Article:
Release DetailsLABEL Metal Blade Records
RELEASED ON 8/9/2004
posted on 8/2004 By:
This has to go down as one of the more unusual metal releases in recent history. For those that aren’t current on the state of the Crown, they decided to split after releasing their last album, Possessed 13. After the recording of their excellent album of hardened death/thrash mayhem, Deathrace King, they parted ways with vocalist Johan Lindstrand. His big boots were filled by none other than Tomas Lindberg (if you don’t know this name, I question your dedication to modern metal) for 2002’s Crowned in Terror. After a few bouts of touring, Lindberg left, and Lindstrand rejoined. Apparently, they must have really kissed and made up, because they felt it necessary to re-record and re-release Crowned in Terror with Johan on vocals, for completion’s sake. This second-chance release is the subject of today’s dissection, Crowned Unholy.
This whole jumbled mess makes for a difficult album to properly review. I don’t want to simply review it like a new album, as I thought the original version was an excellent release, one of 2002’s finest. Really though, I’m just left wondering, “Why bother?” The production on this new version is slightly heavier and slightly muddier, with more rumbling of the bass, and a typical Crown guitar tone. CIT’s sound almost felt geared more towards Lindberg’s vocal styles, along with the songwriting itself. Personally, I liked the original mix more, but this is a Crownier sound. They added in a few new elements into the original structure, to mixed results. First is the appearance of the dreaded clean vocals in a few spots, including “The Speed of Darkness”. Now why would The Crown, of all bands, decide it was necessary to include cleans? As it stands, they detract from the overall song. Comparing Lindberg and Lindstrand, one finds only a few differences, when it comes to this album’s songs.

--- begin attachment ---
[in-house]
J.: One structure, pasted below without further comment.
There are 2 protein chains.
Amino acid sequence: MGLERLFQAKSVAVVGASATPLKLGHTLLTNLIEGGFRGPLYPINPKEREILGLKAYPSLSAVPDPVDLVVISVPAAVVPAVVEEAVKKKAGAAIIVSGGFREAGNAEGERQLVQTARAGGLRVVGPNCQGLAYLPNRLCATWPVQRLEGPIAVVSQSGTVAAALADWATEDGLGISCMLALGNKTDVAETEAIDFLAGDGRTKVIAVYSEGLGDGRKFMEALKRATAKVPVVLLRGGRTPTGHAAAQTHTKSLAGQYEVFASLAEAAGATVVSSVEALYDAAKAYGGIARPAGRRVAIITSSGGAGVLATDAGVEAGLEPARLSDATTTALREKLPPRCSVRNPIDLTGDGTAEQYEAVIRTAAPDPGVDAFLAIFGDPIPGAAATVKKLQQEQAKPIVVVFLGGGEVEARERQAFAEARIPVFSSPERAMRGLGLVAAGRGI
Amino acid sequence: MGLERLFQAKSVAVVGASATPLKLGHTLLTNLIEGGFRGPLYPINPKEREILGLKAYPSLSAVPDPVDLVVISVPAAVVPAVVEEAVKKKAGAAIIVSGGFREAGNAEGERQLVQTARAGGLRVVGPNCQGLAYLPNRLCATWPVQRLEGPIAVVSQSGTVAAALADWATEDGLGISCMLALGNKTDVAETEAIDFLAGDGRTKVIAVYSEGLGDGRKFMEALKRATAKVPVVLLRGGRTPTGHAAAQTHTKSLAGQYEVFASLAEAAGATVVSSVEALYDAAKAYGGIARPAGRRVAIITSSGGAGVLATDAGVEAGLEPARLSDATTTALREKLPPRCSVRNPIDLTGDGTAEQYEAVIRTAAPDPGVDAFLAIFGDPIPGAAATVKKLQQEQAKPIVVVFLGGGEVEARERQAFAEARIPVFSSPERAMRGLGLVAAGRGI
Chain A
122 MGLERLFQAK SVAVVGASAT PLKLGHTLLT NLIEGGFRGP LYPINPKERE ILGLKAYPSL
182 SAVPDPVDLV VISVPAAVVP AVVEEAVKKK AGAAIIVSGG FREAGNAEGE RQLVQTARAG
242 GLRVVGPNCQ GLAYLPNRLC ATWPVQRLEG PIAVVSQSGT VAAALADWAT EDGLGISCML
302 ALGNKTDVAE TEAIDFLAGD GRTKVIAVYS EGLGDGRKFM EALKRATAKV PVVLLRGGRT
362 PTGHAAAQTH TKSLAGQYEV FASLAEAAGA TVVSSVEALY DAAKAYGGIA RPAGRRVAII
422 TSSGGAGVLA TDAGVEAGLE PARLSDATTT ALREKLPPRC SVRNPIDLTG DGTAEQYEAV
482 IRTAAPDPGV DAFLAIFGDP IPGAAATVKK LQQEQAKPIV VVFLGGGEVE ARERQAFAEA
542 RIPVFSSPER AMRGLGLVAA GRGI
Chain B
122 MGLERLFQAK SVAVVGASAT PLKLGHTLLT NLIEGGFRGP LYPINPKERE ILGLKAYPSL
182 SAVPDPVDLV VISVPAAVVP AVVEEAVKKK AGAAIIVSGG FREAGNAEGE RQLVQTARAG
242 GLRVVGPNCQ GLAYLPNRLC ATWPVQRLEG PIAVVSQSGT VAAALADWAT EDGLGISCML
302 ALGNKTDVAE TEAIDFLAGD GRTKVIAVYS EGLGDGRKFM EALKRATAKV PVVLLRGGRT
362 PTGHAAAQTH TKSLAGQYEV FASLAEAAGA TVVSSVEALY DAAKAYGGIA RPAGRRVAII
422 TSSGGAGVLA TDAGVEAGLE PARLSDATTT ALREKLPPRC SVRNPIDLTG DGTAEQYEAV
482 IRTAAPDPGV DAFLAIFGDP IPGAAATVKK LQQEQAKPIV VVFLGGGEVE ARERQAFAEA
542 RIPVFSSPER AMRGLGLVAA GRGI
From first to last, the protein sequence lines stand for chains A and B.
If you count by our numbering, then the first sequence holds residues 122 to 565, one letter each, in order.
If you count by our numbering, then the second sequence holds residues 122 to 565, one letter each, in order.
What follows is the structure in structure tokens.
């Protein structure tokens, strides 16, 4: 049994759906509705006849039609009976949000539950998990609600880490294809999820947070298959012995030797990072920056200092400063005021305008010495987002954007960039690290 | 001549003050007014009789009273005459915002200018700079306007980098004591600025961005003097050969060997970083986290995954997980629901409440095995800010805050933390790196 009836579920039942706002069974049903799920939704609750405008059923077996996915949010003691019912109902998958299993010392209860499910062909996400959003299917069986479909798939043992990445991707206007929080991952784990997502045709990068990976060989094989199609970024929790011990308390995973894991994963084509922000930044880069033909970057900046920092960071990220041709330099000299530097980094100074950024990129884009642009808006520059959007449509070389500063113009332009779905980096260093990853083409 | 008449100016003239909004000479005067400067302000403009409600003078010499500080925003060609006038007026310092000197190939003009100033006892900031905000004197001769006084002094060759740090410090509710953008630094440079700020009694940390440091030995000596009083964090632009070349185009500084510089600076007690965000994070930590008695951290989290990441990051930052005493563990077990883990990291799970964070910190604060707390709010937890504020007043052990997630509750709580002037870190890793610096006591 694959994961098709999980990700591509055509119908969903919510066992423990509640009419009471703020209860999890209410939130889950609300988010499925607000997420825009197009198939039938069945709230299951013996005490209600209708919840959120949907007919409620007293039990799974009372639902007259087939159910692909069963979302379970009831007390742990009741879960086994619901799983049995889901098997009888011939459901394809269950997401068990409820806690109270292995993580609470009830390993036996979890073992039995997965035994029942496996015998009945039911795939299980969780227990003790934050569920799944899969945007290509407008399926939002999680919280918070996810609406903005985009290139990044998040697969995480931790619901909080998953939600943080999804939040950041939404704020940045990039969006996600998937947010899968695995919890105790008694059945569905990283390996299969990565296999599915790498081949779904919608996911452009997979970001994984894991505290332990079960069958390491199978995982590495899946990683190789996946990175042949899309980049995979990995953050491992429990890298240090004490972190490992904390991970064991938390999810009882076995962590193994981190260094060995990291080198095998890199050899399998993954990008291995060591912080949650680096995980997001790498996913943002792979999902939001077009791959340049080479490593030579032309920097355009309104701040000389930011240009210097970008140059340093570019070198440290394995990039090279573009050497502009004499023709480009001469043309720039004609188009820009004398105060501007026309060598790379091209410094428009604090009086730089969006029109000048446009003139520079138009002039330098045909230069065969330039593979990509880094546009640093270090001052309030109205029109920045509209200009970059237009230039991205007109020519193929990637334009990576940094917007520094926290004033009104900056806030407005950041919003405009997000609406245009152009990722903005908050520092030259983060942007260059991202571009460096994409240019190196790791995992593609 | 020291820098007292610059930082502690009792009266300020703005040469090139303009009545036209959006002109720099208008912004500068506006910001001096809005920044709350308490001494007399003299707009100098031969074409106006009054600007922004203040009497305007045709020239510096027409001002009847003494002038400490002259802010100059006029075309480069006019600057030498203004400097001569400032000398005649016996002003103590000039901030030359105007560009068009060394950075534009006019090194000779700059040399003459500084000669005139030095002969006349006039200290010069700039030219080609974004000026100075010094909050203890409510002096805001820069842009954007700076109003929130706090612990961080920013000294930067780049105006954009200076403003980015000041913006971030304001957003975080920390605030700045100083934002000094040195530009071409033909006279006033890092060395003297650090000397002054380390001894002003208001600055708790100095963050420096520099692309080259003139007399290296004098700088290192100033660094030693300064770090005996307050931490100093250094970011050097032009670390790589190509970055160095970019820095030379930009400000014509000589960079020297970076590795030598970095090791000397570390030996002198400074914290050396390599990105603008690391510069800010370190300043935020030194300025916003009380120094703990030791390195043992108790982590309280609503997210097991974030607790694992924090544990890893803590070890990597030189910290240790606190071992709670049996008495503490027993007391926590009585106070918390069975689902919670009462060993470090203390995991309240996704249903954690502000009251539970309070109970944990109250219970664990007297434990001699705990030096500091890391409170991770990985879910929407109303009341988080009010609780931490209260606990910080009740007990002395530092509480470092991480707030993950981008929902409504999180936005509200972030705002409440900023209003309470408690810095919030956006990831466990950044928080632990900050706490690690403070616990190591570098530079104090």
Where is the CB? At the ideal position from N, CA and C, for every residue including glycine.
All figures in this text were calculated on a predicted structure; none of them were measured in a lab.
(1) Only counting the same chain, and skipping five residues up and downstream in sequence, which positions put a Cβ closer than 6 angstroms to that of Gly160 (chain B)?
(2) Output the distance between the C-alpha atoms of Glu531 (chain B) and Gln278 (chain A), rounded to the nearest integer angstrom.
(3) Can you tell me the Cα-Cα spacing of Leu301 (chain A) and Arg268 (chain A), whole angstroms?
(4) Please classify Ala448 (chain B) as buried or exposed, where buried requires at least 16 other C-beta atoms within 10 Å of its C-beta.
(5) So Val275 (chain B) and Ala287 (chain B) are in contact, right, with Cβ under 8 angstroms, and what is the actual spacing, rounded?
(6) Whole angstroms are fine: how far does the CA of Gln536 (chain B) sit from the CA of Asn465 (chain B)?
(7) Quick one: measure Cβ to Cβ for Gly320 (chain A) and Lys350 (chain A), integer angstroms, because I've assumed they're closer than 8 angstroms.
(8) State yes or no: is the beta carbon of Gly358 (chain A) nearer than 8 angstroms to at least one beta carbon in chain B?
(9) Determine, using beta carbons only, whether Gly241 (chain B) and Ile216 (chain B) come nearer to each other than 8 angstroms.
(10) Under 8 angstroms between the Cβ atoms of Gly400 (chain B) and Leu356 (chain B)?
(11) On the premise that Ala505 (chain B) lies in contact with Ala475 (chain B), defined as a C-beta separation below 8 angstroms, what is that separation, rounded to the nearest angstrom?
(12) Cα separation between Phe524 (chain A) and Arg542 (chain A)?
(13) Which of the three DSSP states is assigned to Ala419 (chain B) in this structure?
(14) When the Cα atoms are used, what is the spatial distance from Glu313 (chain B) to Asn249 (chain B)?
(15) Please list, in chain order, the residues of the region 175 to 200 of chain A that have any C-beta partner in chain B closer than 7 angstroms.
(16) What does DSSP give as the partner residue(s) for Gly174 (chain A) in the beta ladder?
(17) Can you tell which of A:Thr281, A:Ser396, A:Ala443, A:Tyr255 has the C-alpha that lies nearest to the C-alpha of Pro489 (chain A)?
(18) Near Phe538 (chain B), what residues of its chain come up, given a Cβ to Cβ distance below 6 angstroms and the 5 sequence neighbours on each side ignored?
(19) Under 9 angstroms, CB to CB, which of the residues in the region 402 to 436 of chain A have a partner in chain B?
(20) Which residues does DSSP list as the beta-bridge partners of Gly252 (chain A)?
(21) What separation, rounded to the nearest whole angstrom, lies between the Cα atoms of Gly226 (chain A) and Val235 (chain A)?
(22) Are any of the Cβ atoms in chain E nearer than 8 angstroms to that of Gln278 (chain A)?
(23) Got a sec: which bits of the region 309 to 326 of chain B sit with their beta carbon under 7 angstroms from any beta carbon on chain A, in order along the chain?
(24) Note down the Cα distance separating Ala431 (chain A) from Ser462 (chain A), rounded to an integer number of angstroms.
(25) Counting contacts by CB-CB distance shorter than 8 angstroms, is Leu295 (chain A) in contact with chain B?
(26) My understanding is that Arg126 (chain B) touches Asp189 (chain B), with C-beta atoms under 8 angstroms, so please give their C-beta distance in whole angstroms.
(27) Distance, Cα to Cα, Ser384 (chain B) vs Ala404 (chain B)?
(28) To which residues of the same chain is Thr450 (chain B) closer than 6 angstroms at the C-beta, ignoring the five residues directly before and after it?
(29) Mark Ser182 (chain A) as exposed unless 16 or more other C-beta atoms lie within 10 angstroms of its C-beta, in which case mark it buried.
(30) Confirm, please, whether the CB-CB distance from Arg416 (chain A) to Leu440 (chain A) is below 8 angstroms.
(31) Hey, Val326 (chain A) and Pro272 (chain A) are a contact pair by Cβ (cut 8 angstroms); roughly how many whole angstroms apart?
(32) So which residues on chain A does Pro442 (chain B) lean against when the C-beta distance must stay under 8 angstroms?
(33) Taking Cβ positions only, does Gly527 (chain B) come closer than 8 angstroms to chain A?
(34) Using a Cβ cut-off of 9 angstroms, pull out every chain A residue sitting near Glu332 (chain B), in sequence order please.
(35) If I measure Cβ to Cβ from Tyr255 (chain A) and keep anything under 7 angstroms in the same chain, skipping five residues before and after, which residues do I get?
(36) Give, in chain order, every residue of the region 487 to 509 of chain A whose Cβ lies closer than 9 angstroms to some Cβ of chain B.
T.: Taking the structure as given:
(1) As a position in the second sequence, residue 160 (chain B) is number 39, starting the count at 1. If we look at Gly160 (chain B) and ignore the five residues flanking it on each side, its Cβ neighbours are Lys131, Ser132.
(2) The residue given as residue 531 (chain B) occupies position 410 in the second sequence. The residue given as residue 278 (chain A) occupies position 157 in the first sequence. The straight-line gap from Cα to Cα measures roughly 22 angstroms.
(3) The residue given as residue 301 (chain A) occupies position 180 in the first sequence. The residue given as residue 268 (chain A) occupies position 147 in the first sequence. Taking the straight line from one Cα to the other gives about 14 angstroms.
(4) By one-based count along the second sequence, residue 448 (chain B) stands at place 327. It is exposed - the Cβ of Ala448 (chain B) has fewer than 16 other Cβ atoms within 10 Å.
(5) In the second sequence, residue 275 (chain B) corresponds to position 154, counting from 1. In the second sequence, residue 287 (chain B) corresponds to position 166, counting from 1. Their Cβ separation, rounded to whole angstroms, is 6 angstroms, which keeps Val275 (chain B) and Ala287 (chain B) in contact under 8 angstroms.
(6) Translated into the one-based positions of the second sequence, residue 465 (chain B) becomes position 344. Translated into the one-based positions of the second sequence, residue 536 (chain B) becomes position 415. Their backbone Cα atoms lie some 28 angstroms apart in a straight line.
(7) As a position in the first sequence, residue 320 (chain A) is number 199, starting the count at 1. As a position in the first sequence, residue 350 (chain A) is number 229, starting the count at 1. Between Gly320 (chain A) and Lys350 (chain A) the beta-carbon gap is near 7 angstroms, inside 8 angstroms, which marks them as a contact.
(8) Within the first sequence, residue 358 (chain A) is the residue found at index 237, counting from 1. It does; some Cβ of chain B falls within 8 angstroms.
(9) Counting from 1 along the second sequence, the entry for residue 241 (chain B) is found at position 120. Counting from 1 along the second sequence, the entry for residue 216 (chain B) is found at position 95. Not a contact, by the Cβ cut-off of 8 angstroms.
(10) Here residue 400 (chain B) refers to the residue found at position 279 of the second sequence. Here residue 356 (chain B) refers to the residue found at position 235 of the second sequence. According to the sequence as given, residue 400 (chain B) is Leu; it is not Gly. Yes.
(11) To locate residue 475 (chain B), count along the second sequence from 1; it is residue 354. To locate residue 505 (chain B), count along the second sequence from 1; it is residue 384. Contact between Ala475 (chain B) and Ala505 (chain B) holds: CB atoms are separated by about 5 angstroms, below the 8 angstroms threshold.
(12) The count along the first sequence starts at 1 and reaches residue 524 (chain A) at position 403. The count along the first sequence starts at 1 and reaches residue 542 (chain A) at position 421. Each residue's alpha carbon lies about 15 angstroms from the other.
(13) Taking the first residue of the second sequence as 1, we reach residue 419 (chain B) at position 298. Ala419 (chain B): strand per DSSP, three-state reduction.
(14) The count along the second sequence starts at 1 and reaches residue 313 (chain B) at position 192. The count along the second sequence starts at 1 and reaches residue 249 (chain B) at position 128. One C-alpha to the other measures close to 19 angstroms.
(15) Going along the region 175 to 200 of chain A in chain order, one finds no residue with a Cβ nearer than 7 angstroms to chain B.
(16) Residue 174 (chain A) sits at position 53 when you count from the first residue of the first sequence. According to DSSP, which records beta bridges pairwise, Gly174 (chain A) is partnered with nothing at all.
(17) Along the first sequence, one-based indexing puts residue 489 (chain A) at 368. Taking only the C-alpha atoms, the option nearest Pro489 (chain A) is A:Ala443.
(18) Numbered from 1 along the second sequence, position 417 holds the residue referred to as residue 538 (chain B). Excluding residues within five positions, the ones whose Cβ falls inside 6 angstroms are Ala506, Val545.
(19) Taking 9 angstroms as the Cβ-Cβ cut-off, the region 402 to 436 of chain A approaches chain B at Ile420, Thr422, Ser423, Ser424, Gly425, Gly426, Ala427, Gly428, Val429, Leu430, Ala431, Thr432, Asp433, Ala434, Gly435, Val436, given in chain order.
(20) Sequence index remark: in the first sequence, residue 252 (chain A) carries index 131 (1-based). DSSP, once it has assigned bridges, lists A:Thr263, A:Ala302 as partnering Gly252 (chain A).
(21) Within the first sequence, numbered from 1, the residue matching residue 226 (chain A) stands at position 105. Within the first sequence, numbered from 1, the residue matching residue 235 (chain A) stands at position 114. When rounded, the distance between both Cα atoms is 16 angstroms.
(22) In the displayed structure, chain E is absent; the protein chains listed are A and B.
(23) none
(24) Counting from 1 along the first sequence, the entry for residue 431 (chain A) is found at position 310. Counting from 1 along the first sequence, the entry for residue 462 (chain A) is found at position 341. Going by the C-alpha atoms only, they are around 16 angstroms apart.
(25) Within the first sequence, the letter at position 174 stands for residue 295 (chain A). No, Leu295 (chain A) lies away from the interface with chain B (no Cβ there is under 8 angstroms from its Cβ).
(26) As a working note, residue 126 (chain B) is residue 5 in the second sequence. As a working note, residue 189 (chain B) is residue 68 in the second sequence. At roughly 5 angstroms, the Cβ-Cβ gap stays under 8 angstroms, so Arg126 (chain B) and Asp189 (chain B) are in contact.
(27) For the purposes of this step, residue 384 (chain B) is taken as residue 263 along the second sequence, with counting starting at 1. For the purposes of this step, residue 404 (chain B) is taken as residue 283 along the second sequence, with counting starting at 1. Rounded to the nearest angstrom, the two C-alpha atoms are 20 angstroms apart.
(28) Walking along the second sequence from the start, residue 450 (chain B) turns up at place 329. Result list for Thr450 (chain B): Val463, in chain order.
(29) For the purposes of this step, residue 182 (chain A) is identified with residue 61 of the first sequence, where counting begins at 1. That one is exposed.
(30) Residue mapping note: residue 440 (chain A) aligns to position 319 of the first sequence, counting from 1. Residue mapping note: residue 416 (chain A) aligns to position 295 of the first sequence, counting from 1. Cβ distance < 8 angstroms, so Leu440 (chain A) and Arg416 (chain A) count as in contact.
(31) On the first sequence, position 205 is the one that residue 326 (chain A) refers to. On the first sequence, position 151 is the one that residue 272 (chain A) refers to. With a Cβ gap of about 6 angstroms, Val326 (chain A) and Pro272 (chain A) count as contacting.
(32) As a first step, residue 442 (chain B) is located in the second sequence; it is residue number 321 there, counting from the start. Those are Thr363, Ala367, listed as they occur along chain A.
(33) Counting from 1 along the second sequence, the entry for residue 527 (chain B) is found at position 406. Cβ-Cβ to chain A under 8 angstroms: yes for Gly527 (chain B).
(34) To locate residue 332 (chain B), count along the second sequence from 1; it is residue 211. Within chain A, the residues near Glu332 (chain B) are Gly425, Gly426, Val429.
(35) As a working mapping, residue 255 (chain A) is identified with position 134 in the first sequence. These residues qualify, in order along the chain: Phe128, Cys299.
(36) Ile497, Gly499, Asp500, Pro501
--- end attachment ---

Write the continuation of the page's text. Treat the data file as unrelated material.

As for the songs contained within, if you owned CIT there is no reason whatsoever to purchase this, unless you are a true fanatic. All 11 songs are the same, with only the most minor of variation. If you’ve never heard the original of this album, the easiest approximation, would be to add a pile of grooving death metal to a late-era At the Gates album. Fast, heavy, and unrelenting. While the riffage is thrashy and occasionally melodic, the drumwork is pure DM style. “Under the Whip” features vicious choppy riffage. “Death is the Hunter” brings that good ol’ Death’n’Roll sound that they are known for. Lastly, the album closer, “Death Metal Holocaust” is as brutal as they’ll ever be. Straightforward, solid death metal, just the way it needs to be.
I’m still confused as to what the point of this release is. If it’s for their own conscience, then fine, but I hope that they aren’t expecting to sell many copies of a re-released version of the album-before-last. Were it a new album, I’d score it normally, but since there aren’t any new songs, I can’t give a songwriting score. For reference, I’d give the original a triple 5. My advice is that if you already own Crowned in Terror, there is nothing for you here. If you don’t have the original but want it, then this recording is for you, and those that will devour anything Crown.
Register to post comments.